Trends that will alter the way IT is consumed in 2016
IndependenceIT made several predictions regarding business computing trends and the consumption of information technology assets. These insights highlight the continued shift toward cloud computing by every size organization, from small businesses to the enterprise.
“The public cloud computing market will reach almost $70 billion by the end of 2015, with the top 5 verticals (discrete manufacturing, banking, professional services, process manufacturing, and retail) accounting for approximately 45% of the total spend for the market,” said IDC in a recent report. “As one of the substantial transformative forces, cloud computing is impacting all areas of IT supply, composition, and consumption and provides the basis for many of the big data, mobile, and social solutions.”
The five key business computing behaviors expected to shift IT buying patterns in 2016 include:
Growing organizational adoption of public cloud infrastructure: As the mechanism to deliver basic application services, IT administrators will continue their upward adoption of cloud-based applications and data services. Improvements in security and performance combined with a significant reduction in cost are reducing on-premise software considerations.
Movement toward unified logical data centers: The hybrid data center will be one of the topics of discussion in 2016 as IT administrators look for easier ways to deploy application workloads. A unified logical data center may span multiple cloud or physical data centers so that all services may be taken advantage of without regional limitations. Organizations that deploy/consumer solutions in a hybrid data center environment do so to increase business agility and financial savings.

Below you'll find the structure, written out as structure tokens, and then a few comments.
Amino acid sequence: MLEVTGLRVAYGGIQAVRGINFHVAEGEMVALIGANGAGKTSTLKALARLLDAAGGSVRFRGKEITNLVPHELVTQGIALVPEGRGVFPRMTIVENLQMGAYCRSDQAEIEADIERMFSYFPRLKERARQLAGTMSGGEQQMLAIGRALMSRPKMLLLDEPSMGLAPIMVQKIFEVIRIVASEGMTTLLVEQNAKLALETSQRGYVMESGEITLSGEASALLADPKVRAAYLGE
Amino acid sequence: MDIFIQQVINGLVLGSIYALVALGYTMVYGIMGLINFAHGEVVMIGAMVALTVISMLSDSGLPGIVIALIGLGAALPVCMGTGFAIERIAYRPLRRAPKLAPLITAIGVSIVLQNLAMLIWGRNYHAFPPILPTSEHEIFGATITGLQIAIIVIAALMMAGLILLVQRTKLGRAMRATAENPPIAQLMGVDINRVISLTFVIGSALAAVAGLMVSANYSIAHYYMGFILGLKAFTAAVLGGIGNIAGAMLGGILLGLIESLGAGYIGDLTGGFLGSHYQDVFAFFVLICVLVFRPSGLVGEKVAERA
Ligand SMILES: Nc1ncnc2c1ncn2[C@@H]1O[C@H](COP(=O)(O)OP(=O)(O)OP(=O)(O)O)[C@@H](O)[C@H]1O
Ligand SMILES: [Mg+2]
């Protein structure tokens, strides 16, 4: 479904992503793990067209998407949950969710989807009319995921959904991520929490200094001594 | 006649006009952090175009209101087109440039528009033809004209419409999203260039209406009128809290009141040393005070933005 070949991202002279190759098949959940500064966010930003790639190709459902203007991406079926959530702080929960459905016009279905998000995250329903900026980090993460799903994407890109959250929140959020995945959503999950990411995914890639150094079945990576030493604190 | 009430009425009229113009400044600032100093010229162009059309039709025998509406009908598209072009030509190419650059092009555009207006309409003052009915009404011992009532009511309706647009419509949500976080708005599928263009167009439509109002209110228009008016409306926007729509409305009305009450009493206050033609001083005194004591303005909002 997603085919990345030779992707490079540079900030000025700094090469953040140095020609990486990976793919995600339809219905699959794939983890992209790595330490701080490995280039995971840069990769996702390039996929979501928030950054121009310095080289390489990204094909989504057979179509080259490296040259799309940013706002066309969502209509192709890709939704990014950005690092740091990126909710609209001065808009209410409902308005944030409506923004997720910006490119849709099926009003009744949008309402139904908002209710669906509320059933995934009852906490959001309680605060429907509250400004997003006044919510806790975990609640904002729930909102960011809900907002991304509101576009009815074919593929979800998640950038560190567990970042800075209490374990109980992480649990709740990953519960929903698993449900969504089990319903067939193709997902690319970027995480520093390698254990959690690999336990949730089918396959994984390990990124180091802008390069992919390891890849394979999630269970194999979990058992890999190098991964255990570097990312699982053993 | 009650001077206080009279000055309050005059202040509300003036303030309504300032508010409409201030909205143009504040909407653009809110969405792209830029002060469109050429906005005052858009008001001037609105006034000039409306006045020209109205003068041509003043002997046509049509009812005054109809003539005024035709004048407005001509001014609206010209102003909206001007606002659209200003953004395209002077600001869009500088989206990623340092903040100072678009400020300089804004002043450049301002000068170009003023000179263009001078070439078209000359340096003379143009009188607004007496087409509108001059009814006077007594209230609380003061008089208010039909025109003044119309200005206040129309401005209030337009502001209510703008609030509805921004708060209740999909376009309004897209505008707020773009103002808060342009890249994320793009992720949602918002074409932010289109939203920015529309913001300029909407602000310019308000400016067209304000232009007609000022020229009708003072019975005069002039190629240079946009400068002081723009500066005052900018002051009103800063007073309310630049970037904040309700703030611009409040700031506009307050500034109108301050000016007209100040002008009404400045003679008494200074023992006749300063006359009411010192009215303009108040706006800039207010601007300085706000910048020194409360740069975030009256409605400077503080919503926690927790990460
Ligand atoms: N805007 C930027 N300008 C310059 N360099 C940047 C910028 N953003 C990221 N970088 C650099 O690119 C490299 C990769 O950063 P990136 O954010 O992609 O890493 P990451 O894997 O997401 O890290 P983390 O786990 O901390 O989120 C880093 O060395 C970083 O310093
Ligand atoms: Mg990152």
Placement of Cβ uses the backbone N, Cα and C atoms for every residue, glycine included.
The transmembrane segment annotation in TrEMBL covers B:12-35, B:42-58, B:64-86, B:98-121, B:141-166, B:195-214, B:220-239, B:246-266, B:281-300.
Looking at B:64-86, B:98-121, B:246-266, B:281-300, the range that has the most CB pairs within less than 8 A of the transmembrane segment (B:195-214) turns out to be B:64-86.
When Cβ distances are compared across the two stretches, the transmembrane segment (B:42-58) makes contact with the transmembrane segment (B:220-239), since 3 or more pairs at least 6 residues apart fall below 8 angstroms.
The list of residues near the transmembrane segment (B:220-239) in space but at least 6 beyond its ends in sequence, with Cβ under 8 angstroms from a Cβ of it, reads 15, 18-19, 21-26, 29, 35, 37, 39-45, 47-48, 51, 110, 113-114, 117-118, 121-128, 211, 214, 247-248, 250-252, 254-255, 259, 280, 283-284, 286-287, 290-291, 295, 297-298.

Greater preference toward client/server business applications that interface with Software-as-a-Service applications: There will be an increase in the use of client/server business applications with SaaS applications to create a more integrated user experience that is flexible and economical for specific business units or entire organizations.
Transition to Infrastructure-as-a-Service as costs fall: There will be a reduction in the cost of appliances, servers, storage, routers and other components that are bought at scale by Infrastructure-as-a-Service (IaaS) providers, helping to drive down costs. This will make IaaS a more compelling option compared to internally managed infrastructure and lead to further customer migration. This is complemented by hyperconverged infrastructure and the fact IaaS providers will increasingly deploy these highly efficient solutions to centralize multiple technologies under a single management window.
Further acceptance of BYOD: More employers are realizing the benefits of allowing employees to use their own hardware rather than dictating which computing platforms to standardize on. Additionally, business applications are now being made more accessible on these mobile devices, increasing their business enablement value.
“Industry-specific applications will be a driving force as well as businesses look for solutions that can be easily configured to their unique business and vertical requirements. With the huge increase in the number and diversity of services available in the market, organizations across industries will shift steadily toward cloud-first strategies to enable digital transformation,” noted IDC analysts.